January 31, 2010

Dr. Emily Oken
Assistant Professor of Population Medicine
Harvard Medical School
25 Shattuck Street
Boston, MA 02115

Dear Professor Oken:

Population Medicine is a new concept for me, but I found your name while looking into the fact that the average baby weight in the United States has been falling for a few years, and your department mission statement includes, “Using evidence to build a sound health policy.”  So here goes with some evidence.   

You are aware that babies are getting smaller, and I am quite sure you are aware that fertility is in decline.  There has been some recovery recently but still not up to replacement levels.  Less well documented so far as I know is an increase in hypospadius, decrease in penis size, falling sperm counts, increasing prematurity and increasing maternal deaths at childbirth.  I lump these all under declining fertility.  The question is the cause.  I saw a TV show the other night – Demographic Winter – which was hardly a peer reviewed journal article, but which did boast a number of authorities.  There was an unattributed statement that fertility is falling even in Africa and that 43 percent of the decline is due to birth control.  That leaves 57 percent unaccounted for.  The flame retardants in California may be affecting fertility, but I doubt that holds in most of Africa.

The cause is, in fact, established in the literature.  Over a thousand studies in animals and two good ones in humans relate fertility with kinship, or with size of mating pool, which amounts to the same thing.  I have put evidence and references on the enclosed DVD.  It is only 10 minutes long.  The bottom line is that, except for high degrees of inbreeding, closer than second cousins or equivalent, the nearer the kinship of couples the more grandchildren they have.  The decline in reproductive success with decreasing kinship is very steep, so that by 6th or 7th cousins there are not enough grandchildren for replacement.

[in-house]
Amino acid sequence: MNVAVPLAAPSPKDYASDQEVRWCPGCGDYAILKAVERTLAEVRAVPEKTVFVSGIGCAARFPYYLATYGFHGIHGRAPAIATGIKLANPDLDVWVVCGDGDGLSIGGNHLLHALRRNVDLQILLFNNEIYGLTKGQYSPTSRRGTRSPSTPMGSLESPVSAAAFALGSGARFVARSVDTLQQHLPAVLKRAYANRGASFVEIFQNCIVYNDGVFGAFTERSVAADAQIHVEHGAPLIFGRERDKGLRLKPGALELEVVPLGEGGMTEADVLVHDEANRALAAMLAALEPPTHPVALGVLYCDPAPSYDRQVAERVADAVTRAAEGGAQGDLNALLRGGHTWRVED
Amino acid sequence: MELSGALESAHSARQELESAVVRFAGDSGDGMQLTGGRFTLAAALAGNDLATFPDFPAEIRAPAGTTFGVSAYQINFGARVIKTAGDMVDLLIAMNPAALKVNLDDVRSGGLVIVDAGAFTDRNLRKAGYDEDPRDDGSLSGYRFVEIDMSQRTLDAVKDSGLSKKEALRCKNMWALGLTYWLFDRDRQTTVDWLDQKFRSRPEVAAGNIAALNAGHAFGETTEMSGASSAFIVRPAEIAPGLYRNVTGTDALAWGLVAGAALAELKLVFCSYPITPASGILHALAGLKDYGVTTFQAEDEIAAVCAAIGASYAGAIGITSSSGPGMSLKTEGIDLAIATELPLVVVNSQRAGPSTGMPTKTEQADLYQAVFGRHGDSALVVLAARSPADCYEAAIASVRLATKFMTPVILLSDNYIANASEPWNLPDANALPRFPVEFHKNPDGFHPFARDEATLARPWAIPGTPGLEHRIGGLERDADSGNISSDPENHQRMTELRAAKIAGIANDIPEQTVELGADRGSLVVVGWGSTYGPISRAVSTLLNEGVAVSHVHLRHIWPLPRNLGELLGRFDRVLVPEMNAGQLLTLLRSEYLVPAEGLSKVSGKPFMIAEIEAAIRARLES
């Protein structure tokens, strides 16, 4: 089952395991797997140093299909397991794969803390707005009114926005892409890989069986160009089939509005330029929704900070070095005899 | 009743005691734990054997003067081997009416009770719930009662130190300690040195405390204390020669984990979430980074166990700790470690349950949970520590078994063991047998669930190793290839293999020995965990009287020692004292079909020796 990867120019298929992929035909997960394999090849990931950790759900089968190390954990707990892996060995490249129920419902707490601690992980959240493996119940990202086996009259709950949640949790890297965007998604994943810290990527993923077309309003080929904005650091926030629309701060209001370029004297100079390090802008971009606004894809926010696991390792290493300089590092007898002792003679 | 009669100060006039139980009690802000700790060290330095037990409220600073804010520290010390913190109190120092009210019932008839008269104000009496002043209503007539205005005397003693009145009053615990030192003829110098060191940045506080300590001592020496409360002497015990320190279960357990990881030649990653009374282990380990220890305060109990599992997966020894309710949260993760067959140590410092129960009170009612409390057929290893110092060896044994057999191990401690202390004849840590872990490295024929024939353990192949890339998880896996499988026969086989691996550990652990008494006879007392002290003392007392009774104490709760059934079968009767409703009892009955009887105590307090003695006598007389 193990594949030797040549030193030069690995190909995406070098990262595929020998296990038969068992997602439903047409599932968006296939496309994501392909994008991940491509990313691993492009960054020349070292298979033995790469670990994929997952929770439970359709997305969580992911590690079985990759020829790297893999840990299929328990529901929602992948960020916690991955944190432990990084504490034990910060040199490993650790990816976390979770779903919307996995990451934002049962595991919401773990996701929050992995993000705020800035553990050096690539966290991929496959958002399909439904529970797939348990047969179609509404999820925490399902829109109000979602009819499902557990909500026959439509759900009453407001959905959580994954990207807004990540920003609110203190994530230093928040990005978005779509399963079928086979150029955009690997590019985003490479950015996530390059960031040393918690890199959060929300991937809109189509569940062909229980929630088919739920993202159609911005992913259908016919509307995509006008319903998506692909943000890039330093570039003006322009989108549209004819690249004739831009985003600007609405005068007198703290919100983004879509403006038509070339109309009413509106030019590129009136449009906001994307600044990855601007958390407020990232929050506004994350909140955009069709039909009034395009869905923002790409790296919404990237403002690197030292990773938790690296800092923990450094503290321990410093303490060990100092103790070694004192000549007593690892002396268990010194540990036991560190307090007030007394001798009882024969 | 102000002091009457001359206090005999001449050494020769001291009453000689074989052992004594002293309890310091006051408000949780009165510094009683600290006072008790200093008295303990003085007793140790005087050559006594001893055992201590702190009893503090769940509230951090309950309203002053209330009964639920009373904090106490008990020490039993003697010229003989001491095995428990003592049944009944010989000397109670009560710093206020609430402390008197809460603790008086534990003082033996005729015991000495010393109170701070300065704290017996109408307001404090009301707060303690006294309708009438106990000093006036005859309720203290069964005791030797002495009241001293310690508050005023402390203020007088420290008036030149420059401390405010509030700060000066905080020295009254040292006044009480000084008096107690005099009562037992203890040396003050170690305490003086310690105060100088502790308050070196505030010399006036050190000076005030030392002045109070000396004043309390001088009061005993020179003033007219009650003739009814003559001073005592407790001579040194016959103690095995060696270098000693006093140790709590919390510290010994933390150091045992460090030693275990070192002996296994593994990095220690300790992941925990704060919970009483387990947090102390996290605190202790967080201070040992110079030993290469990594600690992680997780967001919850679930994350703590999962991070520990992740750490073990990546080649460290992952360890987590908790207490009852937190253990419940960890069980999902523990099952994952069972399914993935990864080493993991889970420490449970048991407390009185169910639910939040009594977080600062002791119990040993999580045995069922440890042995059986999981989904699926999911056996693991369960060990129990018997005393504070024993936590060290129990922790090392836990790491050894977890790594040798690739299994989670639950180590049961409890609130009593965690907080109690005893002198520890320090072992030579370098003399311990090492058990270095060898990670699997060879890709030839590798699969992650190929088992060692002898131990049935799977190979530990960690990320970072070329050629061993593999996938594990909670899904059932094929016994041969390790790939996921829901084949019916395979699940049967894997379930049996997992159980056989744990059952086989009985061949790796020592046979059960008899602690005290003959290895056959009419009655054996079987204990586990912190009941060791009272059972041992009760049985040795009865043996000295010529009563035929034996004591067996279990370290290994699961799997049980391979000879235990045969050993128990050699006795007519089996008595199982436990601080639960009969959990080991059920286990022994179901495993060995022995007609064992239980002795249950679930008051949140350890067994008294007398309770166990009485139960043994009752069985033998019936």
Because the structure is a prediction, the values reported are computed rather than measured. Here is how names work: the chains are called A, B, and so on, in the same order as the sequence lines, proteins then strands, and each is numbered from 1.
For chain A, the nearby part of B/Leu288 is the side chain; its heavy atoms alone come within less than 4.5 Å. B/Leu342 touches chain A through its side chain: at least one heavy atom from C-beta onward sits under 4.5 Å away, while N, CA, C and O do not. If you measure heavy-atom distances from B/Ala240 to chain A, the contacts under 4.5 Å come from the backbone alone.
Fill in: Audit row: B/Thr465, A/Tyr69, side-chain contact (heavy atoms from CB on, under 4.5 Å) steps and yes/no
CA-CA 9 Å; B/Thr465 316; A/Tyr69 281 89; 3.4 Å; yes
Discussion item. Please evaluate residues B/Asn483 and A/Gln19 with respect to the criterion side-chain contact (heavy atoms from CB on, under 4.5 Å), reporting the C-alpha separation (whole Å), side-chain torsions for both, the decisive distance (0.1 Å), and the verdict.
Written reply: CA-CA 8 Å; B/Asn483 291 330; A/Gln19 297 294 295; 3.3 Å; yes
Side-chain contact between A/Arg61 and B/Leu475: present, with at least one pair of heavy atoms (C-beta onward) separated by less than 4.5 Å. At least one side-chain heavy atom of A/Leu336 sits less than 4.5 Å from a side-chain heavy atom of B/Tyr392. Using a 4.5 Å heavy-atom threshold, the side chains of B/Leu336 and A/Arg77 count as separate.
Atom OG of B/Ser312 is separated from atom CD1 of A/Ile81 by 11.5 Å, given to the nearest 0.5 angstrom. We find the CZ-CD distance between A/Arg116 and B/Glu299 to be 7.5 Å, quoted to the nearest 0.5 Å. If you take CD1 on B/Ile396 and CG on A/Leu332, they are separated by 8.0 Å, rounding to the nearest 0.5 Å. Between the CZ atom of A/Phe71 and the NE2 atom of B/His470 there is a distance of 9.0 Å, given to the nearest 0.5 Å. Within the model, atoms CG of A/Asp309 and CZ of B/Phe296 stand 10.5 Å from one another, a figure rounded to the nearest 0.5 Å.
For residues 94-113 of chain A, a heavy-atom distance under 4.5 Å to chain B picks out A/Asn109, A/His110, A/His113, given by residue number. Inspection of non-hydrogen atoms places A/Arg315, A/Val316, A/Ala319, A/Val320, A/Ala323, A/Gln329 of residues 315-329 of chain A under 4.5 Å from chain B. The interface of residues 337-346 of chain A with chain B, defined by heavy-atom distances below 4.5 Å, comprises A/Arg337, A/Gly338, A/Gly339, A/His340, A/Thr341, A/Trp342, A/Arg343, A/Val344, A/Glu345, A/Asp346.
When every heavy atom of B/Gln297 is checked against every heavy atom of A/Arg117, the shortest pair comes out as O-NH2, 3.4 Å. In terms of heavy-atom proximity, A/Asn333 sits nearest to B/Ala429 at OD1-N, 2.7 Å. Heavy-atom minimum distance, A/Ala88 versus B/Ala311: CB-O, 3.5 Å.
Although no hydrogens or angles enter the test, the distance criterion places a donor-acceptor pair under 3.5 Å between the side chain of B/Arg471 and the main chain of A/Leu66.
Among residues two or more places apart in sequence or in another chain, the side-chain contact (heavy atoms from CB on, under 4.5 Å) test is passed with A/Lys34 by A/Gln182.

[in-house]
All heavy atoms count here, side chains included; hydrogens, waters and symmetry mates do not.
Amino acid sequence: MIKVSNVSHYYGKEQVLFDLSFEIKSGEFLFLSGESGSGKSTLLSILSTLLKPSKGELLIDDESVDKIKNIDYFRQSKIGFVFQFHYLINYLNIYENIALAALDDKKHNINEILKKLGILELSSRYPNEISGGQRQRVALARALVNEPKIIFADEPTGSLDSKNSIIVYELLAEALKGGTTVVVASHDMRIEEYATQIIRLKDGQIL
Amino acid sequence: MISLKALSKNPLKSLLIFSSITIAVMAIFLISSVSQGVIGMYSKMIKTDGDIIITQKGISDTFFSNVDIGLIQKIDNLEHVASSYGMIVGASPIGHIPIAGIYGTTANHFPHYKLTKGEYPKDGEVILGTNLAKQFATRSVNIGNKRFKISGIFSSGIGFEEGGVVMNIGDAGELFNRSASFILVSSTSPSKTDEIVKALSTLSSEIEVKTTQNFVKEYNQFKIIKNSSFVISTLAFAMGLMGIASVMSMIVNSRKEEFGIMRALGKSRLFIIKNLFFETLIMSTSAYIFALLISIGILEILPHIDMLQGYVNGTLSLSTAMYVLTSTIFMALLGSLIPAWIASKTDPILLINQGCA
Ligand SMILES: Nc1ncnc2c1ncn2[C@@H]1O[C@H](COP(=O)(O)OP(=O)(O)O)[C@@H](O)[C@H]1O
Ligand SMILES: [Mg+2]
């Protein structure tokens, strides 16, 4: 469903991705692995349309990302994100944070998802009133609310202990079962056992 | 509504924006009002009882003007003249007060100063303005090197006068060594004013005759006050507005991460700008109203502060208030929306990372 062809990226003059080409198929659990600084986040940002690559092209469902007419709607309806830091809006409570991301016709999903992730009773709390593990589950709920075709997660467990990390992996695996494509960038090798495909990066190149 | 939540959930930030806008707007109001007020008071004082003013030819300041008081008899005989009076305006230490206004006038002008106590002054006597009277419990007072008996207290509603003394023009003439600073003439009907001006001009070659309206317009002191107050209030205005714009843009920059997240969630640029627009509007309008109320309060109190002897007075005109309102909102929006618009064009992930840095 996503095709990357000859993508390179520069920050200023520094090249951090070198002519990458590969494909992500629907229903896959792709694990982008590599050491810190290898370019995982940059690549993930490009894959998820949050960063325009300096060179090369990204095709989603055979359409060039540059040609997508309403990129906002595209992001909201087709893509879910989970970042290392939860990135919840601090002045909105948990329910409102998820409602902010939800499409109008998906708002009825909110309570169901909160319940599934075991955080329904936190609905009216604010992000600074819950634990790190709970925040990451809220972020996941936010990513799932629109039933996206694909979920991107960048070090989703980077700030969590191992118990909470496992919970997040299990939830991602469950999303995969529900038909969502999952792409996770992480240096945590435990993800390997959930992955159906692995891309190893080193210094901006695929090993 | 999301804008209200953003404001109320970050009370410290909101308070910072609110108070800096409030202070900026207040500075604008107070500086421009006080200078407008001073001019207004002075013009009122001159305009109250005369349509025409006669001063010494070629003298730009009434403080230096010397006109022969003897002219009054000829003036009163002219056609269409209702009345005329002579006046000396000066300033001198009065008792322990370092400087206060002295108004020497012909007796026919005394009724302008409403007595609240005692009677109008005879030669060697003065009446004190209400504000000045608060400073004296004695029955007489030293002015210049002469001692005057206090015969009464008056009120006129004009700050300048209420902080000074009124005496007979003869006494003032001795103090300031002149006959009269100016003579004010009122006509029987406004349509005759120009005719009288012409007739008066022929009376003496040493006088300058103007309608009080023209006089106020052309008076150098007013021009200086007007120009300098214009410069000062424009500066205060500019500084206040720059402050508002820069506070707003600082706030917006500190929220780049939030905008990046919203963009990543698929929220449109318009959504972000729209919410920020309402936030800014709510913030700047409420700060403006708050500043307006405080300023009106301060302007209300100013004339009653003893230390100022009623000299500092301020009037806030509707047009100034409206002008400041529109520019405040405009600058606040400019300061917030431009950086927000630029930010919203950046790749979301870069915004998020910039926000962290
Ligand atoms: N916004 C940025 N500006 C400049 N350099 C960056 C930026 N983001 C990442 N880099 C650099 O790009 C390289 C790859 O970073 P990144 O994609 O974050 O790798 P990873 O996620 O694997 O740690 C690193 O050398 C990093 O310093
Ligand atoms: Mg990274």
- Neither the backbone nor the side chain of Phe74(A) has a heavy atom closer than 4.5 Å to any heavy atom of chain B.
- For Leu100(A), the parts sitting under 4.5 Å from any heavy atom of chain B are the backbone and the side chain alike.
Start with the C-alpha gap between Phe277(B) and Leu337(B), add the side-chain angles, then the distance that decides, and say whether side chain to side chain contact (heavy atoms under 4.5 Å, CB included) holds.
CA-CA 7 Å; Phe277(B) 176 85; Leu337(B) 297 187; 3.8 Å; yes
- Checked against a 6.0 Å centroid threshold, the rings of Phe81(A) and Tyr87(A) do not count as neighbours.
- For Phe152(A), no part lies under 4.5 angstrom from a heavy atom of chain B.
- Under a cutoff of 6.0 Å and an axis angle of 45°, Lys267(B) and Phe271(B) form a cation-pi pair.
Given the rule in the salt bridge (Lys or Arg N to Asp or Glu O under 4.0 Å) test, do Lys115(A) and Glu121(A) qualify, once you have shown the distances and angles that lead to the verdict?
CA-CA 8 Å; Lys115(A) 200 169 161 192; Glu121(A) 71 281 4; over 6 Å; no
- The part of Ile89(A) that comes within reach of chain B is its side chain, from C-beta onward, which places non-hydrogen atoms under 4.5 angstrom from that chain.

What may be worse news is that so far as the evidence I have seen, this effect does not manifest in the first generation.  It may well be that we all are born with a fixed degree of fertility so that if one’s ancestors chose their mates poorly we cannot reverse that in a single generation by choosing them well.  In other words, for those now alive fertility is immovable.  The only way to bring it back up to survivable rates is for couples to marry those who are sufficiently kin so that the children have adequate fertility.

When I was learning to be an airplane pilot, we had the concept of being, “In front of the airplane.”  In a car you pretty much decide what you are going to do from moment to moment.  In an airplane you have to know rather far ahead what you want to happen and take action when the goal seems distant.  Getting a generation ahead of the game is a challenge for anybody, and this is particularly true when there is nothing to look at but charts and numbers. 

I am not sure of this.  The numbers I have been able to find are as consistent with potential recovery in the first generation as they are with potential recovery in the second generation.  Either way, time is short.  We seem to be totally sold out on the idea that “more genetic diversity is always good” despite the fact that there is not a shred of evidence to support that, once one decides not to marry a sibling, first cousin or equivalent.  (The Iceland study referenced, which has the cleanest numbers, calculated kinship by going back 10 generations and counting ancestors.  That, of course, is not possible for most of us mortals.

I have been on the spoor of this phenomenon for many years.  I have posted, and continue to post, evidence on my website NoBabies.net where I also post correspondence.  I am sure enough of the phenomenon in broad stroke that I would cheerfully stake my life on it.  And I am quite sure that anybody with a conscience realizes the importance of the issue.  The problem is that, the evidence comes from many independent sources.  Each is sufficient but could be argued.  I even taught myself C language and wrote a computer program that follows the standard laws of genetics and accounts for just about all the evidence, although it takes the computer model more generations to run into trouble than happens in real life.  Nature has had more time and resources than I.  It is the combination of so many lines of evidence that is overwhelming. 

It is just a matter of standing back and connecting the dots.  But pretty much each dot is a different field.  Like the falling birth rates of babies.  Who is going to look at that and say, “Uh oh, we are being penalized for breaking up our little village mating units”?  And yet as part of a pattern it is intriguing, although not nearly so persuasive as the evidence on the DVD. 

Each dot has its own experts, its own power structure, its own heroes and heroines, its own traditions and its own prejudices.  There is much to do.

If you would be interested, if you would like to make common cause, if you want any clarification, if you would like a copy of the computer program or I can be of help in any way, please let me know.


M. Linton Herbert MD HMS ‘68
NoBabies.net and SilentNursery.com  

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